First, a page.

And so the drain continued through the ages. Garron was one of the last Wizards alive. When he had discovered his abilities and learned of the fate of magic, he devoted his life to finding an answer to the decline of magic, hoping to continue the legacy of his ancestor. Already he could tell that he was running out of time.

                In the other two books written by Amudo that Garron had recovered, he learned that too little magic in the world interrupted the flow of natural life. Garron saw this in action; every year there were more droughts, more ruined crops, and more barren soil. Forests withered and grasslands browned. There was not enough magic to sustain the natural elements in the ground, and the wildlife was dying as a consequence. Thus far the damage was not extensive, but Garron knew that there was not much life left in the land.

                Gazing back across the wasteland, Garron idly stroked the leather satchel that contained his spoils. In it were two volumes of research by Amudo, his personal journal, as well as the volume he had just recovered from the vaults in Cardar. The fourth and final book was probably the most important of all the books written by his distant ancestor, for it likely contained his final conclusions of some of his most shocking theories.

                Garron had learned that Amudo knew that the decline of magic was not natural. Some other force had placed the valve on the flow of magic for some reason or another. Amudo had concluded in an earlier book that whatever it was that happened occurred after the first Trinity War, but before the Second, shortly before Amudo was born. The most intriguing of Amudo’s theories pointed to a strange group of creatures that he had read of in an old Feldein text as the culprits. It was said that these were the first of the creatures of magic to disappear.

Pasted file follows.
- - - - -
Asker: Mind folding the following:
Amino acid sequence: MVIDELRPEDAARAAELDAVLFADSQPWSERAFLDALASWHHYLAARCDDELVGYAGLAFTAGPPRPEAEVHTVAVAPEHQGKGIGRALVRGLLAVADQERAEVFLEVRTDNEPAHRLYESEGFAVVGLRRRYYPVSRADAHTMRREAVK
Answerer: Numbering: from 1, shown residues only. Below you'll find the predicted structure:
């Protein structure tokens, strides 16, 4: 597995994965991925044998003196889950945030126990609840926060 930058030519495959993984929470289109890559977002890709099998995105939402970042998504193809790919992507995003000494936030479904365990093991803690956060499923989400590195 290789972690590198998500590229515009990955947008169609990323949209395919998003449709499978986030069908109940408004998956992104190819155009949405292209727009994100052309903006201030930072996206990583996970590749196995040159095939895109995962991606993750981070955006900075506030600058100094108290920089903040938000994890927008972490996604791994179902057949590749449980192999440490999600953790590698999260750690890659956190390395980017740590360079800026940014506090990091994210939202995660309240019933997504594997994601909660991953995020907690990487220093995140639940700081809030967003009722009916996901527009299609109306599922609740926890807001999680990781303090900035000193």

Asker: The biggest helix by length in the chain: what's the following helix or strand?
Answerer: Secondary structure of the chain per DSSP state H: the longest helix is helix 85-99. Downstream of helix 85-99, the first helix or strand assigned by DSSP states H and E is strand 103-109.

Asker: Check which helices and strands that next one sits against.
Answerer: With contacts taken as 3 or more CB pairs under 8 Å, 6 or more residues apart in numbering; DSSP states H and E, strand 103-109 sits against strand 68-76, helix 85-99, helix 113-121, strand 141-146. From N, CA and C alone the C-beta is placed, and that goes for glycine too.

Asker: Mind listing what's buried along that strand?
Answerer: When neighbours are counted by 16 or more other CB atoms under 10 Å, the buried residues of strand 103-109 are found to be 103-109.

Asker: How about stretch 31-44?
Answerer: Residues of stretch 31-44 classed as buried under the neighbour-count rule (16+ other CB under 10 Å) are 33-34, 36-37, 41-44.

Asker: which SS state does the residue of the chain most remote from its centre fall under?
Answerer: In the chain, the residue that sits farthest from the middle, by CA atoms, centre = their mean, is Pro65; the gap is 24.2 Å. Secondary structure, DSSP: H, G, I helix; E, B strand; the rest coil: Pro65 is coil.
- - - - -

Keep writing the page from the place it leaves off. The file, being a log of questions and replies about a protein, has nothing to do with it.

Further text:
Based on his own findings, Garron had found that these creatures disappeared almost immediately after the supposed date that magic began to fall. The first noticeable effects were not seen until after the Trinity Wars had ended. This fact greatly puzzled Garron. He had his own theories on the matter, however.

                Then there were the prophecies. They were fairly recent, within twenty years. He had come across the book of prophecy while searching for the second volume of Amudo’s records. It contained a few unsettling and disturbing passages.

                There were several prophecies he had seen that seemed to oddly connect to some of the things written in Amudo’s books. Things of great alarm: a darkness visiting the land, keys of some nature and a seal for something. He did not exactly know what they meant, be he had a feeling that he might find the answers in the last of Amudo’s research.

                When he had felt the spell four days ago, however, his thoughts about the mystery left him, and were replaced by pure terror. He had never heard of a spell that could be sensed across the world. What scared him the most was he was almost certain that the spell had not originated from anywhere on the continent of Nanthos.